Until Simmons becomes willing to take open jump shots, Brown needs to figure out a way to better utilize him off the ball. Rather than hiding him in the dunker’s spot and clogging the paint, the Sixers could rely on Simmons more as a screener and rim-runner.
“It’s not about being in the dunker, because [my role] is definitely not that,” Simmons told ESPN.com’s Zach Lowe after the Sixers’ Game 6 win over the Raptors. “I’m more valuable than that.”
If the Sixers re-sign Harris on a max or near-max deal, they need to get more out of him next year, too.
His shot attempts and usage unsurprisingly dipped upon his arrival in Philadelphia—such is the cost of playing alongside three other All-Star-caliber players—but his true shooting percentage fell, too, even though his rate of 3-point attempts rose.
Harris is one of the few Sixers players capable of creating pull-up mid-range jumpers off the dribble, though he seemed hesitant to hunt for his own shots at times.
If Brown struggles to find the answers for those problems next year, he may find himself right back on the hot seat. But giving him a semi-normal offseason, training camp and preseason could go a long way toward addressing those concerns. (In other words, Elton Brand should keep his family members off Twitter.)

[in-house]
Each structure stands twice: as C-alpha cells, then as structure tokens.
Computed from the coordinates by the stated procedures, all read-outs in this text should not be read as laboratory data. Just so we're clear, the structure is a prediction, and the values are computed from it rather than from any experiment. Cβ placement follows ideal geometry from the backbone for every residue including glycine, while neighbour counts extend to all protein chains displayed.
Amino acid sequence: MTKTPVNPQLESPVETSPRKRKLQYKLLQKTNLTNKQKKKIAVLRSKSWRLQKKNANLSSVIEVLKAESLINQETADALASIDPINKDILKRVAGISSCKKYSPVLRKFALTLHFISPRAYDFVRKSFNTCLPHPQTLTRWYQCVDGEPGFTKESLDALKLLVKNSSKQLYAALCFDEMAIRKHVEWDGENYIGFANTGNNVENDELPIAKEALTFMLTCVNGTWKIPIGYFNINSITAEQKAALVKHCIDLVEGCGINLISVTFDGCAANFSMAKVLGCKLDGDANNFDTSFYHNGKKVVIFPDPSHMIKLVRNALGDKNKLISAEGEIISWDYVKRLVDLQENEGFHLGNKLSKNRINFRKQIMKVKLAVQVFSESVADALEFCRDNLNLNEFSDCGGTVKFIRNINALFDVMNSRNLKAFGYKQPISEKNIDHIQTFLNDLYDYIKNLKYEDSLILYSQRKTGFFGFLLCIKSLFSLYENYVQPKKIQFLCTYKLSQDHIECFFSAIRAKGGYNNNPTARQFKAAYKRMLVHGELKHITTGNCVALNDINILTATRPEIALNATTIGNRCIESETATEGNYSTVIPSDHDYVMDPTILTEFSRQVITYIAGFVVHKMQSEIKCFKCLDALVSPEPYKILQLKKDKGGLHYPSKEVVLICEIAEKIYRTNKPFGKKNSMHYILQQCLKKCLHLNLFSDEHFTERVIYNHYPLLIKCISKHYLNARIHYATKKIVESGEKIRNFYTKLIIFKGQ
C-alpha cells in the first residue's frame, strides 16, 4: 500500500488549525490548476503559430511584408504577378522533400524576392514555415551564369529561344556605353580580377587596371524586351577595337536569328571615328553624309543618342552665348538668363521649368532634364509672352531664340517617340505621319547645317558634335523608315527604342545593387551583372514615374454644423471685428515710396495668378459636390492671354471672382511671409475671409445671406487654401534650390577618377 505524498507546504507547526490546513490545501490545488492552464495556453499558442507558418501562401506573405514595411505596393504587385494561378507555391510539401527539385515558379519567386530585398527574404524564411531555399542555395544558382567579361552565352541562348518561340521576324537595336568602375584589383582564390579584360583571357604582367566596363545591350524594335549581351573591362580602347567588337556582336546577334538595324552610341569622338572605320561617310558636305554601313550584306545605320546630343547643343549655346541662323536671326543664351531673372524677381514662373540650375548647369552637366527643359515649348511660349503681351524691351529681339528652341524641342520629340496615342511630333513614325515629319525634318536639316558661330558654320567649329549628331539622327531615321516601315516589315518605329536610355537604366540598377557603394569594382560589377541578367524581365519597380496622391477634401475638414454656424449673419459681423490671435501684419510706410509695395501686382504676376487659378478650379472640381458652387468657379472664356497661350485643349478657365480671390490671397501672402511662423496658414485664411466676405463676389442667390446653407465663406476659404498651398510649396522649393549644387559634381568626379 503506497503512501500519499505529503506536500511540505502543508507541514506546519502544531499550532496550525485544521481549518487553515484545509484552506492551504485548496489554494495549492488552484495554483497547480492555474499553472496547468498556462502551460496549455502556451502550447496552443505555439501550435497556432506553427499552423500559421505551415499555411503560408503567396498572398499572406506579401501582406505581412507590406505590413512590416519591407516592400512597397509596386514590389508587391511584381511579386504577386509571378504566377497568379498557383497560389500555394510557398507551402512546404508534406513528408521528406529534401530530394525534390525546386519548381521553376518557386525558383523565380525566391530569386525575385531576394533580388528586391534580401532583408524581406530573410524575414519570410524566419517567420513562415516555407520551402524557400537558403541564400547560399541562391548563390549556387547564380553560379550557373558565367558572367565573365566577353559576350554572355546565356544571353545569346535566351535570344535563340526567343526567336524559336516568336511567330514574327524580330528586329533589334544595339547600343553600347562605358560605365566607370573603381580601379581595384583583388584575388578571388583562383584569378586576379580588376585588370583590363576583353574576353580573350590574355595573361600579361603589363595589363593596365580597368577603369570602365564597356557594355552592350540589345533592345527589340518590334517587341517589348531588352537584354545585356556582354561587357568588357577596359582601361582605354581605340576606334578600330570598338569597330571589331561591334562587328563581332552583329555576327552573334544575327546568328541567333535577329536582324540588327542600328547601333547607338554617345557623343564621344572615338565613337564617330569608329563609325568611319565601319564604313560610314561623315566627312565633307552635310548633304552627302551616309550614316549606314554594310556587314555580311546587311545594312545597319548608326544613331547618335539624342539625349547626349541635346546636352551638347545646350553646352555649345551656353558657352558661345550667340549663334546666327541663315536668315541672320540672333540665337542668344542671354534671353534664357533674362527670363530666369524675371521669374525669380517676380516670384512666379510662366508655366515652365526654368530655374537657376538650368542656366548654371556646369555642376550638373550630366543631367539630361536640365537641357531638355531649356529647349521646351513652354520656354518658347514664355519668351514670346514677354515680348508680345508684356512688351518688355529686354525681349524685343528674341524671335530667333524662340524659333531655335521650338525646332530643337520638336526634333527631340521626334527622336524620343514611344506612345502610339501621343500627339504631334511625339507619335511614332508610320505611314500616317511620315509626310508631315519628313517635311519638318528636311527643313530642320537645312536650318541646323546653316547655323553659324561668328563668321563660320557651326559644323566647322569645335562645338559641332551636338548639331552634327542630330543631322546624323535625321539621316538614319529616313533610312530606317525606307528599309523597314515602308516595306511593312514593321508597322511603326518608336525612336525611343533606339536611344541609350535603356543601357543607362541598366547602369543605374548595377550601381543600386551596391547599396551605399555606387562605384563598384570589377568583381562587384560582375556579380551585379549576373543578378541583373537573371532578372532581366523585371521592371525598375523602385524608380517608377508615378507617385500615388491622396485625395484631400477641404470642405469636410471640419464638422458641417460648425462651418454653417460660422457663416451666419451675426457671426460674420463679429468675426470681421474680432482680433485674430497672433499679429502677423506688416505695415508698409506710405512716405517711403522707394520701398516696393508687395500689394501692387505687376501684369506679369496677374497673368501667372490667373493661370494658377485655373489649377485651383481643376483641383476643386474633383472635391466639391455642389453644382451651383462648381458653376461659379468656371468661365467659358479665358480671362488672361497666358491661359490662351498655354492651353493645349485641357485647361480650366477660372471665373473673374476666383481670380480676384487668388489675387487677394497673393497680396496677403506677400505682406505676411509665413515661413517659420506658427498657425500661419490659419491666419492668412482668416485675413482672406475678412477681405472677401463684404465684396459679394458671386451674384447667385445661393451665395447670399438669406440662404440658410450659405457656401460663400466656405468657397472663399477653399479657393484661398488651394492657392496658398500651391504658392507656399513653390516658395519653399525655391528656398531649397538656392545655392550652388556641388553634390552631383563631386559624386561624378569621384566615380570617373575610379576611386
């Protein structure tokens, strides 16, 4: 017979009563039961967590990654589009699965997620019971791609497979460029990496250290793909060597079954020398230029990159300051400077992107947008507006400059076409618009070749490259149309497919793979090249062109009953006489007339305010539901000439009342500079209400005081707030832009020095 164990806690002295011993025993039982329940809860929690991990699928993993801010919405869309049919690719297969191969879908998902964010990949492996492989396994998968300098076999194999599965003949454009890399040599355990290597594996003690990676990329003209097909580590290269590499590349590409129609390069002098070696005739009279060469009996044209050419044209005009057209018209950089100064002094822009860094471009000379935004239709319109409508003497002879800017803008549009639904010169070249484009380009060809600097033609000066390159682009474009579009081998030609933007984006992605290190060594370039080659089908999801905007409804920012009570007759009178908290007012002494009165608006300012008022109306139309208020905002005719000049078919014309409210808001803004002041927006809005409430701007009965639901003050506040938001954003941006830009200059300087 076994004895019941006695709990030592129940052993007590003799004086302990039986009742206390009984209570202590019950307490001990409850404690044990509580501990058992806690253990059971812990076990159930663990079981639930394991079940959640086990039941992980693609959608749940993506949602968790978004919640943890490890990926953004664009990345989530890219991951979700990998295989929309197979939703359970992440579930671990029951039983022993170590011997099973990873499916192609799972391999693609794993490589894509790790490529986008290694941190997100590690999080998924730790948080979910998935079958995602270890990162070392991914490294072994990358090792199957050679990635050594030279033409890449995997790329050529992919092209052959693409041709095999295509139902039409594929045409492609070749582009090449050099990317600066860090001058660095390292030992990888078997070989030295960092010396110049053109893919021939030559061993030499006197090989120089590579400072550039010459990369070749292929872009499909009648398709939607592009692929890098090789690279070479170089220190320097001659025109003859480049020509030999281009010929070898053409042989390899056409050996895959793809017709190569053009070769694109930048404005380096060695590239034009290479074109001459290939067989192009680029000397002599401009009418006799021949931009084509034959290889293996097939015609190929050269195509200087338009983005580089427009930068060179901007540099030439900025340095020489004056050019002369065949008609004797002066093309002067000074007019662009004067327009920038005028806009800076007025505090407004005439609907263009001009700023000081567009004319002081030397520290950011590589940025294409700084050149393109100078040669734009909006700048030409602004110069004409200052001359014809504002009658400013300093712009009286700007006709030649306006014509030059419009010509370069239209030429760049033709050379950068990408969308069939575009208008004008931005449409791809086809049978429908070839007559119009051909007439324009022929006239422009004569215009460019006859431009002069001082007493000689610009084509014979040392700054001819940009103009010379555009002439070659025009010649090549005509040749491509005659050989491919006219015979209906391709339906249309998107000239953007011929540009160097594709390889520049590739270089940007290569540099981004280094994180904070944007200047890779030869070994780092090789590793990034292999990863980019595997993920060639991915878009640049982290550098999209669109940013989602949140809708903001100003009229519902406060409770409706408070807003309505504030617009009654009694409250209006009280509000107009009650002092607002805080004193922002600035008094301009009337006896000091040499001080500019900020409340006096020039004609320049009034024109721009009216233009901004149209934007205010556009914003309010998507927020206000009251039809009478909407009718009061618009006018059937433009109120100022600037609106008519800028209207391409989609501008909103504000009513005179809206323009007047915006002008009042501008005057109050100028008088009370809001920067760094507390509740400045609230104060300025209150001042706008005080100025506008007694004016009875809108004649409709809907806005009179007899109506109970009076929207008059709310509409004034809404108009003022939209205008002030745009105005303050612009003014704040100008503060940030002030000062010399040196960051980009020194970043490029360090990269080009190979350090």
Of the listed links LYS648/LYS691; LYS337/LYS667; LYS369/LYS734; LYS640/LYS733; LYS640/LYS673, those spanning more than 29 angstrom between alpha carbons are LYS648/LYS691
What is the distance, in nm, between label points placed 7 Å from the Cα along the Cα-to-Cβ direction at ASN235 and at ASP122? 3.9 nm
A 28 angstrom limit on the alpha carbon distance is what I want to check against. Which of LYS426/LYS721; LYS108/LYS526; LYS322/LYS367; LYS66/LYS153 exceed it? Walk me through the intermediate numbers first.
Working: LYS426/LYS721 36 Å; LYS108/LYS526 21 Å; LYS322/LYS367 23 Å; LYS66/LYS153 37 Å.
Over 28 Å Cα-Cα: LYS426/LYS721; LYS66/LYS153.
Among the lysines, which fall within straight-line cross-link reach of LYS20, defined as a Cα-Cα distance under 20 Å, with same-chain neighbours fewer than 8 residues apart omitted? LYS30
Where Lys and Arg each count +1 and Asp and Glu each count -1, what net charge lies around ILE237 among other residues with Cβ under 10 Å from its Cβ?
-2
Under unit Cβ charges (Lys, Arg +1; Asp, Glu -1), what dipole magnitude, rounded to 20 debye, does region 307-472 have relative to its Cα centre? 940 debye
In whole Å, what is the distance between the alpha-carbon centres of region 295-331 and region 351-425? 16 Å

After a season in which Brown effectively coached three different teams—Remember: Markelle Fultz started for the Sixers on opening night!—Brown can only hope the Sixers bring back Butler, Harris and Redick, allowing them to further develop chemistry with one another. Instead of starting from square one with a new coach, the Sixers’ core will be familiar with his offensive and defensive schemes, which will give them a foundation upon which they can continue to build.
Brown has been with the Sixers since the start of perhaps the most ambitious rebuild in NBA history. He’s ushered them from sub-20-win seasons to 50-plus-win campaigns, building a culture that should make the team attractive to free agents and incumbent players alike. He deserves a chance to see this thing through, at least for one more season.
The 76ers also deserve kudos for acknowledging the critical role Brown has played in getting them to where they are today, even though they dragged their feet before doing so.
Brown is running out of time, but he deserved (and got) a little more of it.